The Development, Relief, and Education for Alien Minors Act, first introduced in 2001, would provide a path to legal status for eligible young people. Until recently, they were treated the same as unauthorized immigrants who came to United States as adults, meaning that they were frequently deported even if they were toddlers when they arrived here and Americans in all but documentation.
Under an executive order President Obama announced in June, young immigrants who have been here for five years or more are no longer being deported. But this is only a temporary measure and, as the president has said, it is not "amnesty" or a path to citizenship as passage the DREAM Act would be. Republicans initially howled at the president's move, but they have toned it down as election day nears, quite possibly for fear they will, as a party, lose even more of the Latino vote than they already have.
Gaining legal status alone would give DREAMers access to better jobs than those typically available to undocumented immigrants. But, in addition, the DREAM Act would have a strong economic impact because it would spur eligible immigrants to finish high school and take at least some college courses or join the military. This would give them the education and skills to earn more money.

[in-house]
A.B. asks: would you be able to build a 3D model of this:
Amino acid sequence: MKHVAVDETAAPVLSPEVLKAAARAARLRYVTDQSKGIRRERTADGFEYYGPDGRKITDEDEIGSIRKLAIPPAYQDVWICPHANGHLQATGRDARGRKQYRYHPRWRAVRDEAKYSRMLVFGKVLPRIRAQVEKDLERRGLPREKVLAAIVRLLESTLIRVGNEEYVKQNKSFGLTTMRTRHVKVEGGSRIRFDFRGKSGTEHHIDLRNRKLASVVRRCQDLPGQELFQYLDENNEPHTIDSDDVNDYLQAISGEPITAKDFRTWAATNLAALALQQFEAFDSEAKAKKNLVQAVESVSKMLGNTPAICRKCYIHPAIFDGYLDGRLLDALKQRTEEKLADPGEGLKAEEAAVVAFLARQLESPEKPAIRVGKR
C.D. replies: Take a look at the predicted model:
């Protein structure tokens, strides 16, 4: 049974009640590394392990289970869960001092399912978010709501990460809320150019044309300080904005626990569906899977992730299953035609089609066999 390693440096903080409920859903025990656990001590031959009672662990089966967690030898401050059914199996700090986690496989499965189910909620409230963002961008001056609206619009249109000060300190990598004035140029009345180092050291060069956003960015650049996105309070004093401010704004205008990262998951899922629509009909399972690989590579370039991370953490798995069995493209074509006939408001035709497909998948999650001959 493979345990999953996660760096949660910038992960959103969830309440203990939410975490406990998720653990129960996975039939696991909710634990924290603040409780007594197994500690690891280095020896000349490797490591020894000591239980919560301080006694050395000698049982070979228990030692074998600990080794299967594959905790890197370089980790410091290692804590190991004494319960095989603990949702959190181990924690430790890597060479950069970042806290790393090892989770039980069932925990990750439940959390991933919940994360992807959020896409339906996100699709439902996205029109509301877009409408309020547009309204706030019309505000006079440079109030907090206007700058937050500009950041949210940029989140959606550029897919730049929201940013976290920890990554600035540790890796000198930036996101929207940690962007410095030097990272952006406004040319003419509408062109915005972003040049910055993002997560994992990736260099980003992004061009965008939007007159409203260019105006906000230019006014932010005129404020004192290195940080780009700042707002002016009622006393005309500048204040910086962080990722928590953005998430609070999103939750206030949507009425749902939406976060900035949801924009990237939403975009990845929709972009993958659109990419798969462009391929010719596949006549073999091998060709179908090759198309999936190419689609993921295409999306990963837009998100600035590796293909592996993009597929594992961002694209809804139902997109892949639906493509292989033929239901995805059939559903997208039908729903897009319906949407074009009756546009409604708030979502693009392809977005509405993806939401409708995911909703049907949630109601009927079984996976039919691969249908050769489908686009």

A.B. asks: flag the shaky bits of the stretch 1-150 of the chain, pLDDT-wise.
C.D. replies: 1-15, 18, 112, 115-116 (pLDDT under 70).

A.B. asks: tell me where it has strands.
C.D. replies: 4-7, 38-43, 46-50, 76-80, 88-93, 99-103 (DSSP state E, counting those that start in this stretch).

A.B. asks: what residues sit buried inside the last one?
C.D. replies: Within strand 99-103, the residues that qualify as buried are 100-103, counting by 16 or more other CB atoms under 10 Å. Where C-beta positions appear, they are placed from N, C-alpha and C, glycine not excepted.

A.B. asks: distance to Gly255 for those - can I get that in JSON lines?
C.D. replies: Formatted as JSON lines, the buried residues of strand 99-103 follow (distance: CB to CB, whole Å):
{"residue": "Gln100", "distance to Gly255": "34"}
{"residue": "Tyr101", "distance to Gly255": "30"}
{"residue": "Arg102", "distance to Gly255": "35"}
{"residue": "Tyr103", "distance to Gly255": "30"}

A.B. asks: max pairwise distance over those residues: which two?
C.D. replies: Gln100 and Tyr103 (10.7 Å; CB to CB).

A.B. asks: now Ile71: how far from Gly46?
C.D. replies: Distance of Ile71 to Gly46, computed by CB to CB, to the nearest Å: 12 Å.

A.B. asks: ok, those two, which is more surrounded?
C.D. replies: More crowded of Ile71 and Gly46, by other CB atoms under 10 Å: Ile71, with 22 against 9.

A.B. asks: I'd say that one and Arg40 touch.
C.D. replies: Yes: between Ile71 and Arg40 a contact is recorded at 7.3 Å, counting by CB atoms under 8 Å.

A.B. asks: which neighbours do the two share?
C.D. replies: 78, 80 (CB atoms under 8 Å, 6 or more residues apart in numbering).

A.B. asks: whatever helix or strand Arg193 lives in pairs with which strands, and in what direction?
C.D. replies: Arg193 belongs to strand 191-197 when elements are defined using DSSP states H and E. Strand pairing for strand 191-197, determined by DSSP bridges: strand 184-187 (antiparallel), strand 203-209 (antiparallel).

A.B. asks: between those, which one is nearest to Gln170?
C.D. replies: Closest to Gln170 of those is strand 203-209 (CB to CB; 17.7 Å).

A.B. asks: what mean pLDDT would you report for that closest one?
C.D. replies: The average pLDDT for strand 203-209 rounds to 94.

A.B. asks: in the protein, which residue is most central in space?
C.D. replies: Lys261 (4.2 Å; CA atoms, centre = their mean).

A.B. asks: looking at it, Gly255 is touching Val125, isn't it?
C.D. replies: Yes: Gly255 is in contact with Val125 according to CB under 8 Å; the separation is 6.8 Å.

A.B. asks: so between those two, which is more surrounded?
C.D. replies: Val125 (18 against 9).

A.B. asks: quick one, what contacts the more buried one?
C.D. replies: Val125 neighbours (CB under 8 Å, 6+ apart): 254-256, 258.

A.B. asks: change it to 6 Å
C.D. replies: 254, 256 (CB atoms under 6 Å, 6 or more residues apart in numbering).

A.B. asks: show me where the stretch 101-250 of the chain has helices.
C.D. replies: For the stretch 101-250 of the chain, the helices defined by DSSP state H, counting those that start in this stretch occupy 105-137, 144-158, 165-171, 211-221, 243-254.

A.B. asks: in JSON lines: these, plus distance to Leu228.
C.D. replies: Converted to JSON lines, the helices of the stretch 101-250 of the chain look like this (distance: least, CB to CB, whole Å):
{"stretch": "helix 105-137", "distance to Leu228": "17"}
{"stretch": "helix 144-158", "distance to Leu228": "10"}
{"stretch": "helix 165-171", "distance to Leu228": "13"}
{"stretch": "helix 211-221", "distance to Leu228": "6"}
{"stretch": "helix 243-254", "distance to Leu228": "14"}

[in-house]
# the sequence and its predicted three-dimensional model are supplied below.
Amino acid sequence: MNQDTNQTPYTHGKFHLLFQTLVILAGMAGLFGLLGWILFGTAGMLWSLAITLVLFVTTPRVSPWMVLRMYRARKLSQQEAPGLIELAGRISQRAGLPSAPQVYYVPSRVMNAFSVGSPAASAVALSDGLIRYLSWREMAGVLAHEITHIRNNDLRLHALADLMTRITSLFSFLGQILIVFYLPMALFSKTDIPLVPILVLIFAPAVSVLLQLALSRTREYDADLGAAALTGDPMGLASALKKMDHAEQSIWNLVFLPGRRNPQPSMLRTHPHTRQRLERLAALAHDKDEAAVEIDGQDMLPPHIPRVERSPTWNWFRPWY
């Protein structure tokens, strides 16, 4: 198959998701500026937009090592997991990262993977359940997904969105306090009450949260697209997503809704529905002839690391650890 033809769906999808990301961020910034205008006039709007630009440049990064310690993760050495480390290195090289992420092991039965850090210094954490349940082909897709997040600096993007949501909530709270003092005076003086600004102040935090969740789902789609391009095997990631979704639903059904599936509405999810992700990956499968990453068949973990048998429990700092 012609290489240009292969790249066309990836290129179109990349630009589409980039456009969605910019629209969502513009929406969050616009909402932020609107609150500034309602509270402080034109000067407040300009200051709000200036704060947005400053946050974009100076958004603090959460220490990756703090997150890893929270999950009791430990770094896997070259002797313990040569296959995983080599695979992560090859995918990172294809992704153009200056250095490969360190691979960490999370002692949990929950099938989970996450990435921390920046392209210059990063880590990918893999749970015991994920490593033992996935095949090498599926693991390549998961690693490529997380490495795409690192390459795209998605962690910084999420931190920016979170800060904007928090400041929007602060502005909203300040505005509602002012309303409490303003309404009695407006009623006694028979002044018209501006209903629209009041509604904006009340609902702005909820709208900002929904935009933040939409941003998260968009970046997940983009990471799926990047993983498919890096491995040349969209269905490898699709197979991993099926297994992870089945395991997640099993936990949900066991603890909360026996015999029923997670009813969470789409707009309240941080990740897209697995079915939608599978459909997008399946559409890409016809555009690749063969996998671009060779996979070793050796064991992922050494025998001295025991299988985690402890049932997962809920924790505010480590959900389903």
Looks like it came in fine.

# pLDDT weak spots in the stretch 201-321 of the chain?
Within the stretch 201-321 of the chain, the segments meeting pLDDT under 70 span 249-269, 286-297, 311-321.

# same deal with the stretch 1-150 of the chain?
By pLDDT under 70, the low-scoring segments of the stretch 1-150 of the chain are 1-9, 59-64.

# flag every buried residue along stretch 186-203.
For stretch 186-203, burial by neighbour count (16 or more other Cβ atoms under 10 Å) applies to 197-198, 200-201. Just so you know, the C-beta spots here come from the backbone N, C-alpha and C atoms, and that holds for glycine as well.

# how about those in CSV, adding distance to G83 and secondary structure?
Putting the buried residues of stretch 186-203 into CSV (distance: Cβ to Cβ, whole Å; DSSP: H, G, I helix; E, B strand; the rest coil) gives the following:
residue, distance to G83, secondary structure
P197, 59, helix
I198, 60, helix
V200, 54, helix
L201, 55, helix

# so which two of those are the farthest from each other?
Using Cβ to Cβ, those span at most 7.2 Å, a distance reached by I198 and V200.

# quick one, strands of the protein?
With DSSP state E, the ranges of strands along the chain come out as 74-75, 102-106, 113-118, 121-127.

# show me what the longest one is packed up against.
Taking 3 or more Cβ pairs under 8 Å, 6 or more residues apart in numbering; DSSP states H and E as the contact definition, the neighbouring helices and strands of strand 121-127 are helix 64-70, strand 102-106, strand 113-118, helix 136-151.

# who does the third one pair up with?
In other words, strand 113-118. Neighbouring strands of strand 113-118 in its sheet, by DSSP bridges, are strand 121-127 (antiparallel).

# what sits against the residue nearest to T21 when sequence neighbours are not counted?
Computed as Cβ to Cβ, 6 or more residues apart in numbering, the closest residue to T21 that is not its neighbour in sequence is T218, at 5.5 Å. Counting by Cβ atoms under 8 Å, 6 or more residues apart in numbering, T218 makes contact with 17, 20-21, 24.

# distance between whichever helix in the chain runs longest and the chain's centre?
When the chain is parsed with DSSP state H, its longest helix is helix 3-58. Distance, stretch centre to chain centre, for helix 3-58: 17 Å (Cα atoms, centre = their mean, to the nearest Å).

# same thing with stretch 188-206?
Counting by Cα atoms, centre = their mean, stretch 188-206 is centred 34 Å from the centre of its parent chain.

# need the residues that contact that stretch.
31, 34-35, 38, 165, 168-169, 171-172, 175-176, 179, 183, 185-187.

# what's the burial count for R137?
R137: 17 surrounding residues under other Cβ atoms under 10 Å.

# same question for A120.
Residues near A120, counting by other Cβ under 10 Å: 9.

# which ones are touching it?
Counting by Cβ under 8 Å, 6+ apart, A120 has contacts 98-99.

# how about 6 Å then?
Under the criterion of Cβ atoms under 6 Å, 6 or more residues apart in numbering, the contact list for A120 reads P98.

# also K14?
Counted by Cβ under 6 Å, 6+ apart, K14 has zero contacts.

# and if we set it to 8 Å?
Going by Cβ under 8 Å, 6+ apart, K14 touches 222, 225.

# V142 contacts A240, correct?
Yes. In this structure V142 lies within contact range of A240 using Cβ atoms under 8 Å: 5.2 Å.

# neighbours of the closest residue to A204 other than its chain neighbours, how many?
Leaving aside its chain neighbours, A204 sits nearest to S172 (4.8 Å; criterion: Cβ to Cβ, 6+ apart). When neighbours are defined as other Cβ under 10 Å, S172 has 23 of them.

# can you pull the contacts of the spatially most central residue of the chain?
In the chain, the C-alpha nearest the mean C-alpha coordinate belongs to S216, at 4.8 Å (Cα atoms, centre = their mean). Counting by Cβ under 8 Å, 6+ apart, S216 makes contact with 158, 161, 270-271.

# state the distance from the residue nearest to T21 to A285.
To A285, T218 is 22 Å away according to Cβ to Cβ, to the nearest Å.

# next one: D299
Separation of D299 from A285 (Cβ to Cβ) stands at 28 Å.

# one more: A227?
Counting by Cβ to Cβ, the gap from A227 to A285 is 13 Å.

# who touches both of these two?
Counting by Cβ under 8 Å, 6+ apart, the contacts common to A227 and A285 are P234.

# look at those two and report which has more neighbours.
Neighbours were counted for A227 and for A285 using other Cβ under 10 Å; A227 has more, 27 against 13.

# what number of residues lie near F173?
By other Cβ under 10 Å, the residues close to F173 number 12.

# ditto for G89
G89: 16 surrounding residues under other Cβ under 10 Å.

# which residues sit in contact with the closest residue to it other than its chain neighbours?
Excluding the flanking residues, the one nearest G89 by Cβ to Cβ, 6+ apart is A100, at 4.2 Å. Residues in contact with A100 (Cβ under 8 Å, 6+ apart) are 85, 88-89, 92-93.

The CAP study's authors, Juan Carlos Guzmán and Raúl C. Jara, note:
In detailing the ways in which passage of the DREAM Act will add significant value, jobs, and tax revenue to the American economy, it is important to note that the benefits would not simply be a one-time addition but instead unfold over time, with the economic benefits growing larger as time goes on. This upward trajectory comes because eligible DREAMers will have a staggered entrance into the workforce, with many eligible youth still in elementary or secondary school at the time of passage.[...]The report includes an interactive rollover map showing differences between gains in all 50 states and a full set of the data in the report. The impact varies widely from state to state because the age and demographics of the DREAMers and foreign-born individuals in each state.
One important caveat is necessary: This study looks solely at the economic benefits from passing the DREAM Act, and not any costs that may be incurred. But we believe future costs from the DREAM Act will be limited.
Take Colorado, for instance: 44,000 DREAMers; 22,459 new jobs; $5.5 billion added to the economy; $169 million in new tax revenue.
Compare that with Ohio: 16,500 DREAMers; 6,906 new jobs; $1.4 billion added to the economy; $41 million in new tax revenue.
While the DREAM Act obviously would have significant benefits for individuals, it works for the whole country as well. Opposition reflects the short-sighted view that encouraging these young people will steal benefits that would otherwise only be available to Americans born here. That rejection of a sensible act of straightforward justice cuts against everything we know to be true in the long immigrant history of the United States.